After American Icon Paris Hilton was caught on tape trashing gay men in the backseat of a Manhattan cab this week, it seems that New Yorkers (or at least the NY Post) have become concerned that they'll accidentally star in their own episode of Taxicab Confessions. So is there anything to be worried about?
According to the Post, there are no explicit rules prohibiting cab drivers from recording their passengers, and those who have long held the bond between cabbie and rider as sacred fear that is no longer the case. "It's like an unwritten rule, that they are going to get you to where you want to go without invasion into your life," Ivory Razor, 24, told the Post. She added that post-Paris scandal, being in a cab is "like being in a police precinct where anything you say can and will be used against you." And even lawmakers are calling for reform; City Councilman James Vacca told the Post he wanted a cab passenger advocacy group to prevent the breach of trust between driver and passenger.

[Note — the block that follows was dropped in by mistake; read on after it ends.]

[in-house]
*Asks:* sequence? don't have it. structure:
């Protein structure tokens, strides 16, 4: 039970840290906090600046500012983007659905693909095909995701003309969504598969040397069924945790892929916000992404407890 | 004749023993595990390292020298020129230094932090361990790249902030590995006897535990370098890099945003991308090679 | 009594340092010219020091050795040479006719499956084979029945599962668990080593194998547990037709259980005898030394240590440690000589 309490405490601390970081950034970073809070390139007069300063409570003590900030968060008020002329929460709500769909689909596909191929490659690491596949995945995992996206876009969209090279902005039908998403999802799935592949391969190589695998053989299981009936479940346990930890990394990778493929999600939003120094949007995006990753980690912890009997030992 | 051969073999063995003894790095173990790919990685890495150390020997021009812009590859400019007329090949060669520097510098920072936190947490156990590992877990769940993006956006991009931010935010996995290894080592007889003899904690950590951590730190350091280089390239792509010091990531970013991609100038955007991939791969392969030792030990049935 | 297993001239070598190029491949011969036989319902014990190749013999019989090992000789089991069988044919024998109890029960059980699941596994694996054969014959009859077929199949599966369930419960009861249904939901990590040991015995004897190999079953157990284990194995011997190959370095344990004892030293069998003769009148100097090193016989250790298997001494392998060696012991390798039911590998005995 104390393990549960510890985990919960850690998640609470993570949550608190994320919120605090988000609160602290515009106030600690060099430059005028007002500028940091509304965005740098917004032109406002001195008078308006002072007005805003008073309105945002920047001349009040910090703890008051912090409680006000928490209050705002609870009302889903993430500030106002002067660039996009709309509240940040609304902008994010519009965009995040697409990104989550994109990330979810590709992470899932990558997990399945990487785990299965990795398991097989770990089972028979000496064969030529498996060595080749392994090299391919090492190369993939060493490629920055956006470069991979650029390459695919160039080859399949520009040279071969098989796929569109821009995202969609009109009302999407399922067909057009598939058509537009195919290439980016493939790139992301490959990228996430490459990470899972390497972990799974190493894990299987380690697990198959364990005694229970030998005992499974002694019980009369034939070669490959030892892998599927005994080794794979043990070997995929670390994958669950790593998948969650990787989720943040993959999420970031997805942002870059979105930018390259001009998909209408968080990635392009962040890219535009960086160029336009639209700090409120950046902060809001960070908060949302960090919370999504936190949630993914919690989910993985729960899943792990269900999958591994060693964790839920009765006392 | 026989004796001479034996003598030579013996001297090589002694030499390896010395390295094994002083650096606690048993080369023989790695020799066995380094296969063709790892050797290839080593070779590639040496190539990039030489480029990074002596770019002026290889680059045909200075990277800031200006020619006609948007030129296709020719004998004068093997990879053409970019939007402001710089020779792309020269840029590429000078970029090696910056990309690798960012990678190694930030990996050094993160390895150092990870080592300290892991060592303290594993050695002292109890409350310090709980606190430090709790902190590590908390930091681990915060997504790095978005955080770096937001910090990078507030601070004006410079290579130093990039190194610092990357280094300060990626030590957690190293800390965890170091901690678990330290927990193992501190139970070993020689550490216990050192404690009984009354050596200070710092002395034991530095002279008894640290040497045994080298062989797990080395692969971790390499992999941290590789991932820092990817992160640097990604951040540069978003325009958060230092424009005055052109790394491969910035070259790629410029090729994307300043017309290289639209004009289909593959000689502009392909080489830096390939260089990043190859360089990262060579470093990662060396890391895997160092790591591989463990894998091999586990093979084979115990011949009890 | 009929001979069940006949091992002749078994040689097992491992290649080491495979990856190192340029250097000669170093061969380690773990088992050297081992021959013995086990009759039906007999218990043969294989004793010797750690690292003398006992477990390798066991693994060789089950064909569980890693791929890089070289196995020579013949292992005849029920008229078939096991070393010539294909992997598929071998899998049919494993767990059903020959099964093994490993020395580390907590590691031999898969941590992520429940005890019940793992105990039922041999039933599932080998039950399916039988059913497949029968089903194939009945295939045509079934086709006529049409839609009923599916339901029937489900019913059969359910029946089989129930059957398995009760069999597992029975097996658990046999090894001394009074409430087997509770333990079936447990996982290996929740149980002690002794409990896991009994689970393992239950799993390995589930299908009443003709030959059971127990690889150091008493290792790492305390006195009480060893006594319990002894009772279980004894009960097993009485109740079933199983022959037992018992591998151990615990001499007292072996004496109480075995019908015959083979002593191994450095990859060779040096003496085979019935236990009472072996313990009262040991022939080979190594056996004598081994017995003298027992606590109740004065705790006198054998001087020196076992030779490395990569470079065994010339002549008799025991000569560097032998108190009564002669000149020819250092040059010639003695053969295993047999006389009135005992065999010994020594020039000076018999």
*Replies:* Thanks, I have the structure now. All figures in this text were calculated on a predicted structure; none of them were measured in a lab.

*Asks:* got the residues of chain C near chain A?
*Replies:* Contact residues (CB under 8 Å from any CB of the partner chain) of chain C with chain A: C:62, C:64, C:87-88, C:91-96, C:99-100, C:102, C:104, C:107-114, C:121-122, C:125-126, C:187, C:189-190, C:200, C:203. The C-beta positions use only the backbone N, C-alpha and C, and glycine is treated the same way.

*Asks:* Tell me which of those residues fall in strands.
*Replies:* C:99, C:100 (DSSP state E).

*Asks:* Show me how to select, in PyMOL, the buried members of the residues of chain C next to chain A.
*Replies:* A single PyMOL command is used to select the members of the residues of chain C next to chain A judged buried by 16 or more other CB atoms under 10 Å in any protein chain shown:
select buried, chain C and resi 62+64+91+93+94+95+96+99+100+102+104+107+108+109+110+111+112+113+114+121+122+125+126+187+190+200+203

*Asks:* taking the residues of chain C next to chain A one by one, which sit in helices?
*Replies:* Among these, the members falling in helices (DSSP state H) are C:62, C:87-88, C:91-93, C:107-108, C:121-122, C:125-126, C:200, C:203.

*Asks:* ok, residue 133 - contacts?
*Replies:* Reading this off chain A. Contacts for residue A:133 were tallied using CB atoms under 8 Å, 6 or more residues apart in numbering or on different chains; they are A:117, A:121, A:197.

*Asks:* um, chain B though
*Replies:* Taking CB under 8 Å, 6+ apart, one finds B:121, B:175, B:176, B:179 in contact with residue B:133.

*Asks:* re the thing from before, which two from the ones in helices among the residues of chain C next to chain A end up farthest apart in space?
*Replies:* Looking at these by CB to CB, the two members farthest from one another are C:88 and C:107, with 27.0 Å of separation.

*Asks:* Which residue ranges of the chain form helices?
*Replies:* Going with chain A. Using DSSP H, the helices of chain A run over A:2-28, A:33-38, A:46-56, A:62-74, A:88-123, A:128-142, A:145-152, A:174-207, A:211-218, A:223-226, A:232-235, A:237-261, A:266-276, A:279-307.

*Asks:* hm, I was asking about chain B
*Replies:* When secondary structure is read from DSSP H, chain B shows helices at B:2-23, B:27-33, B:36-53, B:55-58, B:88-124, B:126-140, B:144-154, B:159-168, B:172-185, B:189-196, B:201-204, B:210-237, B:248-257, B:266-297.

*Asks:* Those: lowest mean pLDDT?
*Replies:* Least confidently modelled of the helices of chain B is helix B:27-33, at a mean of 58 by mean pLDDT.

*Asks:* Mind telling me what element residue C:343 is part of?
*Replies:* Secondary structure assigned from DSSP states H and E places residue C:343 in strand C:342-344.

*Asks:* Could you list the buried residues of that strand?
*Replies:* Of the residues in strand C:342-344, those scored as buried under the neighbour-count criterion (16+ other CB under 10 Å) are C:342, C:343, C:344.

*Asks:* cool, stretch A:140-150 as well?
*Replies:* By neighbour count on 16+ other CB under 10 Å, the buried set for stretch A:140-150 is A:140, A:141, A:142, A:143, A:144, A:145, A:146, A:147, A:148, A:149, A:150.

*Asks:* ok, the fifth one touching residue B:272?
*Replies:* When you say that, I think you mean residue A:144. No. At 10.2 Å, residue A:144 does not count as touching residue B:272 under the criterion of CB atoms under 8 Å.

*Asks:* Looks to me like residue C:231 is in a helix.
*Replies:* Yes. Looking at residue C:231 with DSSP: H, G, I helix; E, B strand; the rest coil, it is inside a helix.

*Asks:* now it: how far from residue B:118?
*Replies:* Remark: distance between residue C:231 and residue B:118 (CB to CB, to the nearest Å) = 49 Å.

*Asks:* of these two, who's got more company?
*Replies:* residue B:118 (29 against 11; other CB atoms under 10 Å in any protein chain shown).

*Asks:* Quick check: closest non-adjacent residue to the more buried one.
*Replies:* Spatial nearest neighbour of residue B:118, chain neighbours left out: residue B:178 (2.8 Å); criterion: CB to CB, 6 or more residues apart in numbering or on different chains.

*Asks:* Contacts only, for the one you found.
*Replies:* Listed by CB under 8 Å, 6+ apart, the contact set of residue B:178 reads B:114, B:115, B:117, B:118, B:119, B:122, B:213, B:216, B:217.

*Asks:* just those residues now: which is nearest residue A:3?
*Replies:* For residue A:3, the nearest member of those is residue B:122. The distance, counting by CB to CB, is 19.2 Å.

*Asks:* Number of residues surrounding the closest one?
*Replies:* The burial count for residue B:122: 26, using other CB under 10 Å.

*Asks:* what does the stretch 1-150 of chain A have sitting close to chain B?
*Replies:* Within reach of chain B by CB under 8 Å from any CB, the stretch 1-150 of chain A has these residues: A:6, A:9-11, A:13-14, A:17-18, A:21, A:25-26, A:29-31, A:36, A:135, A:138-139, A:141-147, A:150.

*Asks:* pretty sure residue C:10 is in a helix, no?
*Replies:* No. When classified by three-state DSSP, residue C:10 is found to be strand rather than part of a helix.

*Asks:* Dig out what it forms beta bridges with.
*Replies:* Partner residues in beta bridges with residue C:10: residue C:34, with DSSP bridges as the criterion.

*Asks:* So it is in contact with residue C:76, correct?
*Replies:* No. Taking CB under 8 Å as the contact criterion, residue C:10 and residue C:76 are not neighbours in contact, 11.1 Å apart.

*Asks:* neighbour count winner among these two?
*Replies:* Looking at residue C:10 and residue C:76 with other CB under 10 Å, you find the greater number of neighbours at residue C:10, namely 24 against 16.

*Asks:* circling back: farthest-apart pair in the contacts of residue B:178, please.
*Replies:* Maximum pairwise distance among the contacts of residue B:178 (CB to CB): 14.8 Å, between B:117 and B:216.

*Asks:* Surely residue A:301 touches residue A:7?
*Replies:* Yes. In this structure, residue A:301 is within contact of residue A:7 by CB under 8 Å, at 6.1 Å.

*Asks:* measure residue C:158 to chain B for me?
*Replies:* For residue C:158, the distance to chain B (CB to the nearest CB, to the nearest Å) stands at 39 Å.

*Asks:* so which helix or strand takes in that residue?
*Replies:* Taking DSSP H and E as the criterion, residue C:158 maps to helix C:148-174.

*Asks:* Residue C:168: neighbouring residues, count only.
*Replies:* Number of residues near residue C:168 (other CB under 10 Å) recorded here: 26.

Of course, not all taxi drivers feel compelled to record passengers and post their conversations online (and, after all, not all passengers are as, um, worthy to tape as Paris Hilton). "We already have the headache of traffic, we don't have time to look at what the passengers are doing, let alone record it," cab driver Mohammad Ismair told the Post. Meanwhile, Hilton has apologized for the incident, in which she told a gay friend she thought gay men were "disgusting" and "probably have AIDS," which thankfully means we can go back to not caring about her.